The eastern shore of Georgian Bay is a pink necklace of islands scattered on a turquoise sea. A freshwater sea, that is.
Georgian Bay is part of Lake Huron, and Huron is one of the Great Lakes, the largest expanse of freshwater in the world.
Eastern Georgian Bay is world class. In 2004, the area was designated as a world biosphere region by the United Nations Educational Scientific and Cultural Organization (UNESCO).
The formation of Georgian Bay
That necklace of islands makes up the largest freshwater archipelago in the world. There are so many islands along eastern Georgian Bay it’s known as the Thirty Thousand Islands.
This incredible chain is the result of complex geology. The rocks are the folded roots of ancient mountains, with alternating softer and harder rock – the harder rock makes up the islands, and the softer rock has been eroded away to leave the channels and bays. Looking at a map, it is often hard to tell Georgian Bay from those inland waterways, and Georgian Bay waters can reach deep inland.
This permeable shoreline between the open waters of Georgian Bay and forested landscape of Central Ontario is a refuge for biodiversity. Biodiversity comes from the variety of living organisms and their interactions in a place. There are more than 100 different types of habitats along eastern Georgian Bay.
That complex coastline has made it more difficult to build roads, and communities along the Bay are small, so there tends to be more natural habitat. Many animals that are threatened elsewhere thrive here. More than 160 species of birds breed along eastern Georgian Bay. The region is also home to 44 species of mammals, and 34 species of reptiles and amphibians, including many species at risk. This incredible landscape became the basis for the creation of the Georgian Bay Biosphere Region.
The Biosphere Region stretches for more than , from the Severn River at its southern end to the French River in the north. It takes in nearly 350,000 ha of forest, lakes, shoreline and islands.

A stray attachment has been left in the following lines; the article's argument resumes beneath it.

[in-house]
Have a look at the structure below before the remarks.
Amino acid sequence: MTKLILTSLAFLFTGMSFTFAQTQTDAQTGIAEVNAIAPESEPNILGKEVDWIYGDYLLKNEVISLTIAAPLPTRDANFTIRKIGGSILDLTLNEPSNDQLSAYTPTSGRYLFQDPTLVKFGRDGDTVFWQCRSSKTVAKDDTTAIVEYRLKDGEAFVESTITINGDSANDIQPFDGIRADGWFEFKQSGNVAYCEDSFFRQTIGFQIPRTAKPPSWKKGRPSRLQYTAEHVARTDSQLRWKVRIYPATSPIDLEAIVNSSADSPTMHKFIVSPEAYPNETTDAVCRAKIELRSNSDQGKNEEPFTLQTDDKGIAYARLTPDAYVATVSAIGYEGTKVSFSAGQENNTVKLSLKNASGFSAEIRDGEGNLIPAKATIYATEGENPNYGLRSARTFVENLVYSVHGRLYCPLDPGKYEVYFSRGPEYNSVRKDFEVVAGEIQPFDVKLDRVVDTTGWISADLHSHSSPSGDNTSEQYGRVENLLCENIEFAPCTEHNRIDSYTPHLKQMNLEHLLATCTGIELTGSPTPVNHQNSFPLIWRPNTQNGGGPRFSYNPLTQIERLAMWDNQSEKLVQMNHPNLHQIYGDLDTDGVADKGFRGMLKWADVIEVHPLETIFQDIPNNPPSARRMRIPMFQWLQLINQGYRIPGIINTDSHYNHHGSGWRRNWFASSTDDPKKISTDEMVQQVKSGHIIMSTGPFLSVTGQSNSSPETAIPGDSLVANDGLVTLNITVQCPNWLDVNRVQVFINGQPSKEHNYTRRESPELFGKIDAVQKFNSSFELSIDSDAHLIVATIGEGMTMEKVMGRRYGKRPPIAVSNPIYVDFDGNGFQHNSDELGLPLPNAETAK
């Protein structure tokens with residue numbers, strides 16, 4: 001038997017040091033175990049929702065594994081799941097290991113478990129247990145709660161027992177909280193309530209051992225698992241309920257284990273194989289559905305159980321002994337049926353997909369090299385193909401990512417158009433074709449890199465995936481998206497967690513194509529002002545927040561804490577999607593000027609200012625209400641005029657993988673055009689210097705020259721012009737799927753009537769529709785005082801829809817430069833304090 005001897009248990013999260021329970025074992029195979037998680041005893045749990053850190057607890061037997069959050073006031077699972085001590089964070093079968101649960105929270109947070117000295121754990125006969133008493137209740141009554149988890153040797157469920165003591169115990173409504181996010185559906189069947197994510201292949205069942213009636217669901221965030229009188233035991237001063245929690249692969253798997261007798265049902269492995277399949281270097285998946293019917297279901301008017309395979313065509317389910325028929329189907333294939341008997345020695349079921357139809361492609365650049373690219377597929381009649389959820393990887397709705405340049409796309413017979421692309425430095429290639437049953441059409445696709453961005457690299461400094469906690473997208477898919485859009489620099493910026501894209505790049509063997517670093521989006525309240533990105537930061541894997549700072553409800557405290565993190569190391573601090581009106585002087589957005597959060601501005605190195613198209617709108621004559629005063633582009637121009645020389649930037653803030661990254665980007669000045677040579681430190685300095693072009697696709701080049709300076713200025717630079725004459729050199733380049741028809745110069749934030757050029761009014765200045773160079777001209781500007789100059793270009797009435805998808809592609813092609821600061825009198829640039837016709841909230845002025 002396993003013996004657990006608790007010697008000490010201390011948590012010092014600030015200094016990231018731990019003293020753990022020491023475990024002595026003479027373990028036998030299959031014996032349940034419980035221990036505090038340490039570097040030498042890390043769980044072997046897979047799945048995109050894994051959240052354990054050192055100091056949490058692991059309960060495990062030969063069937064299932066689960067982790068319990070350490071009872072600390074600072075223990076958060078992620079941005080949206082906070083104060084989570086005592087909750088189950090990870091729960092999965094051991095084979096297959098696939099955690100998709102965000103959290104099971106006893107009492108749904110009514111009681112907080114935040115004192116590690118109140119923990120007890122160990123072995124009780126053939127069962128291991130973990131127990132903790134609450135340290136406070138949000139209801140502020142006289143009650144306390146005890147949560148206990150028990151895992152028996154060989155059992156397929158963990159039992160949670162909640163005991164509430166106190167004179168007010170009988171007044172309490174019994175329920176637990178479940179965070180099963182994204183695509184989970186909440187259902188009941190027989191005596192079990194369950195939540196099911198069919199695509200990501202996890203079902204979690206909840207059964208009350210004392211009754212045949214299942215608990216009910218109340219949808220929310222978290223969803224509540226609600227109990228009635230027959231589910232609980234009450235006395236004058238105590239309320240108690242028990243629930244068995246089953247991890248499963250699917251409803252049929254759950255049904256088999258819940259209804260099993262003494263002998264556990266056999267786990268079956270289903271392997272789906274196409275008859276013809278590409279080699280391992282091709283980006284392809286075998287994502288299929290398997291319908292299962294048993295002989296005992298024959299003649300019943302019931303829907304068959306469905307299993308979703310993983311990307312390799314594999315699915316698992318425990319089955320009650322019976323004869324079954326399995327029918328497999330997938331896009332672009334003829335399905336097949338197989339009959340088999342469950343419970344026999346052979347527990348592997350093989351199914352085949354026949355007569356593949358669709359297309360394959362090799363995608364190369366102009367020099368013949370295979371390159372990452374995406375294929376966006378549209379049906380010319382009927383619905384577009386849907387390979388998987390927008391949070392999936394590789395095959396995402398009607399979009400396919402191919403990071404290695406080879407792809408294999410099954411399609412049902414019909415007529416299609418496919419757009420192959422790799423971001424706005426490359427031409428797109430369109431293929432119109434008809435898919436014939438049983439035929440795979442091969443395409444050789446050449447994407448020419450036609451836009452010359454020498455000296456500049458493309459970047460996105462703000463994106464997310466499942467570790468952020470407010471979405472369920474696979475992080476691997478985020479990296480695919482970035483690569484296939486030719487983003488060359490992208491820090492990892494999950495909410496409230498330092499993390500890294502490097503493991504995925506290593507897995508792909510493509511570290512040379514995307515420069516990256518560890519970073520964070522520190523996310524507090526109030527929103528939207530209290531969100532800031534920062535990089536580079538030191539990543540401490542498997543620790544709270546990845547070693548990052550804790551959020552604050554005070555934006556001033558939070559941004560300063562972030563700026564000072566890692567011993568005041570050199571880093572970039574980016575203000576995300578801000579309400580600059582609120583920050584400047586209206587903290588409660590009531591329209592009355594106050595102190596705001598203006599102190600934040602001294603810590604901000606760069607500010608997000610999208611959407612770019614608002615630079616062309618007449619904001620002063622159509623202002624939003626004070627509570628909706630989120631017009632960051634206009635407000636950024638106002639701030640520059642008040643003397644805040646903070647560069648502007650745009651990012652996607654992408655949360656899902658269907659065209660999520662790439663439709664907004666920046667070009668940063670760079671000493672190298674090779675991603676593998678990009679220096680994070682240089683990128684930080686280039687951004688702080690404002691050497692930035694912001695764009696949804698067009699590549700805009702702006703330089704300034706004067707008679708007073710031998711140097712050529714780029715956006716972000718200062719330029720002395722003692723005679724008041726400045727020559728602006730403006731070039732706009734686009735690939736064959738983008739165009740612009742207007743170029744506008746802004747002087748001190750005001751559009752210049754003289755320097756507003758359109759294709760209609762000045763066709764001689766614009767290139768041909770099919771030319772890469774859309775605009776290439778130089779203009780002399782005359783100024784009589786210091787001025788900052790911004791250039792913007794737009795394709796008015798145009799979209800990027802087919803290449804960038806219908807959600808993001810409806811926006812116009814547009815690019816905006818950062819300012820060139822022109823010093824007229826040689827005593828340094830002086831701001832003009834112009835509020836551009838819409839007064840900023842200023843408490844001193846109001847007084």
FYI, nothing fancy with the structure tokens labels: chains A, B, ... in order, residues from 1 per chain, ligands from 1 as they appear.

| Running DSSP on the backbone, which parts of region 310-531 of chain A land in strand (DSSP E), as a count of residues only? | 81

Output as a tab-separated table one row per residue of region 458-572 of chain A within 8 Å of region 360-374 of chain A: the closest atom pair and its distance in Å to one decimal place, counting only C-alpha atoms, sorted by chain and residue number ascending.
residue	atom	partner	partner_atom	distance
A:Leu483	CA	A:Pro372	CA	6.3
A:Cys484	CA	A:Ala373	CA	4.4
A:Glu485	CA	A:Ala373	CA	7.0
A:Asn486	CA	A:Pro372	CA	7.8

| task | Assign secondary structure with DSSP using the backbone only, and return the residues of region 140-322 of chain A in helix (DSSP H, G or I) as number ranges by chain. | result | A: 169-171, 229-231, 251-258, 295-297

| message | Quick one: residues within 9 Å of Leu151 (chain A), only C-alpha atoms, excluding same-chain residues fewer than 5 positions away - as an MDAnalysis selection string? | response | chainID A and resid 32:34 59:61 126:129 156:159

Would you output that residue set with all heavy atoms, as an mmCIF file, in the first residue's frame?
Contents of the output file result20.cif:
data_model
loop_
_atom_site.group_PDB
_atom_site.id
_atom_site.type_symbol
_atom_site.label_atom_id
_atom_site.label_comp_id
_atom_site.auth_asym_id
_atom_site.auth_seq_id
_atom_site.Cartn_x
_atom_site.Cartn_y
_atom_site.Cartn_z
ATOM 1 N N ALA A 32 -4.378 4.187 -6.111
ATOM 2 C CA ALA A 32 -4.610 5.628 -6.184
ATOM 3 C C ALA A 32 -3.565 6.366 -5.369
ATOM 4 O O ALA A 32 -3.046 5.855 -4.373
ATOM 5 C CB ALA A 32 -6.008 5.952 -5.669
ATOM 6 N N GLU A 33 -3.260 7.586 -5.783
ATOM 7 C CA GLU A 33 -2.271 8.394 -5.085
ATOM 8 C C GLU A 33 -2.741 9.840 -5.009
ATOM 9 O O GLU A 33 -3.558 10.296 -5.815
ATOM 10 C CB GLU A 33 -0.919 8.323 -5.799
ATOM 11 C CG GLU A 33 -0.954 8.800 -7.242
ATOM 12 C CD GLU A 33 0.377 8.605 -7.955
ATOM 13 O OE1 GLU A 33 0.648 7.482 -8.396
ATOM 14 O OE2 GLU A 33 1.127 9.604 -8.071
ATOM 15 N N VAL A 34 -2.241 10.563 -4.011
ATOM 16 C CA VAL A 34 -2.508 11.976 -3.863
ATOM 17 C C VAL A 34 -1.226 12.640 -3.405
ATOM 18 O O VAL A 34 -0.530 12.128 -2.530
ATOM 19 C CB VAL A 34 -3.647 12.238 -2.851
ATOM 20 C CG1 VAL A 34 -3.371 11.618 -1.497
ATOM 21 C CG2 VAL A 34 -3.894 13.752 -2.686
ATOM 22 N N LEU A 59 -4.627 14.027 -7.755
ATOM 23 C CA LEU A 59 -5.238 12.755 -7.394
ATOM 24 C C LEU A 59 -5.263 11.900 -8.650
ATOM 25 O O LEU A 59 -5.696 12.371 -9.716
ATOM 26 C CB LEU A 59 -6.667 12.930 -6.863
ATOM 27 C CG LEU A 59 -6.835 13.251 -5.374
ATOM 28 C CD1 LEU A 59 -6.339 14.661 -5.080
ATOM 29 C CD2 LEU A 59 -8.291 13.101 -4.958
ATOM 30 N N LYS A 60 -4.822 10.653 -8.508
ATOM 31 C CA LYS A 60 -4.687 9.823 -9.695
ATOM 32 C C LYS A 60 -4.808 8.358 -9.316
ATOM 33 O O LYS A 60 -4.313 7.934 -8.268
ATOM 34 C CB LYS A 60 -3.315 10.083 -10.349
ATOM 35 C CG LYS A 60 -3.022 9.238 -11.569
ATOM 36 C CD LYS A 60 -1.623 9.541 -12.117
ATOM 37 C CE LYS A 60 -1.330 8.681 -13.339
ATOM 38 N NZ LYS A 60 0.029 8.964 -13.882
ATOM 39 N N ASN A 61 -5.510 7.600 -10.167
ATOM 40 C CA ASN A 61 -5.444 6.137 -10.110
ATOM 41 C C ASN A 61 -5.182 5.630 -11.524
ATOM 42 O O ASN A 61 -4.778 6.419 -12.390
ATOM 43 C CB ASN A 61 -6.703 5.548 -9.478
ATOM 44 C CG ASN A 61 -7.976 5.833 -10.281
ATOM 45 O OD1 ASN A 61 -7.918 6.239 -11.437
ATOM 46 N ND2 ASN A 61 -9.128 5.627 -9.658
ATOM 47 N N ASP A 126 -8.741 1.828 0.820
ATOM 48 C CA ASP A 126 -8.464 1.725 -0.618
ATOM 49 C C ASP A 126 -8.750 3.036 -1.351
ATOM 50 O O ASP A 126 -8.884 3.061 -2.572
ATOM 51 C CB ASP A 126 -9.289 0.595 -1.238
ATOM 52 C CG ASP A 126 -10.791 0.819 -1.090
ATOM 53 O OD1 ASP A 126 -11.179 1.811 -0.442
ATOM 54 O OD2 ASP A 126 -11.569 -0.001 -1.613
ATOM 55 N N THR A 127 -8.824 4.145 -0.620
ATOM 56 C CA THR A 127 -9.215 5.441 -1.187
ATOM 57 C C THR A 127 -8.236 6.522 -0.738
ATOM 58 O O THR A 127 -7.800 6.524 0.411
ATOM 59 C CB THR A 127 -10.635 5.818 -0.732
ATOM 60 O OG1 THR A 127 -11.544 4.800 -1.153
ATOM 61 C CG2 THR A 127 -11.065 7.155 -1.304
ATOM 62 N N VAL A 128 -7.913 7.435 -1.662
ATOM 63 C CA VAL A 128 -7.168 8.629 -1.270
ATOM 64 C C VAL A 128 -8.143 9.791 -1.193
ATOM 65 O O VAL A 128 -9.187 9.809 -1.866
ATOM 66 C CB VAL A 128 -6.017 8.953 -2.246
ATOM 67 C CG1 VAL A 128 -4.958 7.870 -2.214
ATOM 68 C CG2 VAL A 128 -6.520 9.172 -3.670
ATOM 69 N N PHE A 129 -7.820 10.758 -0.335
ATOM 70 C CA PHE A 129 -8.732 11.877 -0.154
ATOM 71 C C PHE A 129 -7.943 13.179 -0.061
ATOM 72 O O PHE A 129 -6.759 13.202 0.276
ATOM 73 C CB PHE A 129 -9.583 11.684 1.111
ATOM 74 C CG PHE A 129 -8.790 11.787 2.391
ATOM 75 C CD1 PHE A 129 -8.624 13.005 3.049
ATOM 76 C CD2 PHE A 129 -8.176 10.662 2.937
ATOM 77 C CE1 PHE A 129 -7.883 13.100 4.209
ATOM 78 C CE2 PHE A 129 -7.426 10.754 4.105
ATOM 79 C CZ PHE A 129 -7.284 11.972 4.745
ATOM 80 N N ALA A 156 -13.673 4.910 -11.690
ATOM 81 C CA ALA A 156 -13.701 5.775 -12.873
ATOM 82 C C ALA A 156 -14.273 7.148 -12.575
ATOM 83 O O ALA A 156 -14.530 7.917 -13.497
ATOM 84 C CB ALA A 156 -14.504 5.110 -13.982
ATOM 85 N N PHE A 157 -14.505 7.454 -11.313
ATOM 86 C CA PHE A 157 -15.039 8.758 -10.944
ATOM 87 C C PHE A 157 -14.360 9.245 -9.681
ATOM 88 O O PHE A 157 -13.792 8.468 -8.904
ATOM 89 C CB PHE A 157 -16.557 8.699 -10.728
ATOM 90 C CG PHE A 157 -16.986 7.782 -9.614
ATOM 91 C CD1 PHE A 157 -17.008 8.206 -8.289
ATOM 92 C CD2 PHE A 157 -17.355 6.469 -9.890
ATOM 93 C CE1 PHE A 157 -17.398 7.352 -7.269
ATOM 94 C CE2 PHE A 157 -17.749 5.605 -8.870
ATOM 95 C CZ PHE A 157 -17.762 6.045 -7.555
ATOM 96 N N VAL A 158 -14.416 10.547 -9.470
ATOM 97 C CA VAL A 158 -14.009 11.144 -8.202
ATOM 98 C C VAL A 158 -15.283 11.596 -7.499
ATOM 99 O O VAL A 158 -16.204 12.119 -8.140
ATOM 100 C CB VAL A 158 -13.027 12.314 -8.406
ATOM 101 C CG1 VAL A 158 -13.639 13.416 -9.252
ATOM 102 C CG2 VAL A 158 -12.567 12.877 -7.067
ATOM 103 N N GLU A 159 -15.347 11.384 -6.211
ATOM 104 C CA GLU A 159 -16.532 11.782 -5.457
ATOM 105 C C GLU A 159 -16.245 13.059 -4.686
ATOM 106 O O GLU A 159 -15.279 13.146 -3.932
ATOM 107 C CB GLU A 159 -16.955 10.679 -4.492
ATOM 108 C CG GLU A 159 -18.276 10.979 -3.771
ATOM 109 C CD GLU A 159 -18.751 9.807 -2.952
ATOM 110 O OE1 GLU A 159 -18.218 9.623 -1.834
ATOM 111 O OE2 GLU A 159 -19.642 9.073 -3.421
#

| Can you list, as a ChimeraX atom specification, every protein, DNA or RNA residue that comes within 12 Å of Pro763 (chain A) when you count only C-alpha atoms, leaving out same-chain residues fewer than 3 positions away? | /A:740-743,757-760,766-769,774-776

Its designation was the result of years of hard work by a dedicated coalition of local residents, cottagers, First Nations representatives, government agencies and non-government organizations. Based in Parry Sound, Georgian Bay Biosphere Region Inc. (GBBR) was established in 1998 as a non-profit organization to develop the application for Biosphere Region status. There are 16 biosphere regions in Canada, and 600 around the world.
UNESCO requires that each designated biosphere region contain core areas that have legal protection. The GBBR contains one national park (Georgian Bay Islands), and more than half a dozen provincial parks. There are also several large conservation region with protection similar to parks. A number of First Nations communities with region lands lie within the Biosphere, and are now known to be refuges for many species at risk, as they are mostly undeveloped.
The Georgian Bay Biosphere Region promotes conservation and stewardship, as well as responsible and sustainable development. It isn’t a planning jurisdiction and doesn’t have legal authority to direct development. Its purpose is to foster and encourage stewardship in those who live there and visit it. It does this through public programs and workshops, education, research and monitoring programs. Part of the GBBR’s mandate is education.
Amazing places of GBBR
Amazing Places promotes locations in the Biosphere that are accessible to the public, and tell a story about the physical, biological and historical features of the Region. They are opportunities to explore, connect and be inspired.
Check out these seven Amazing Places: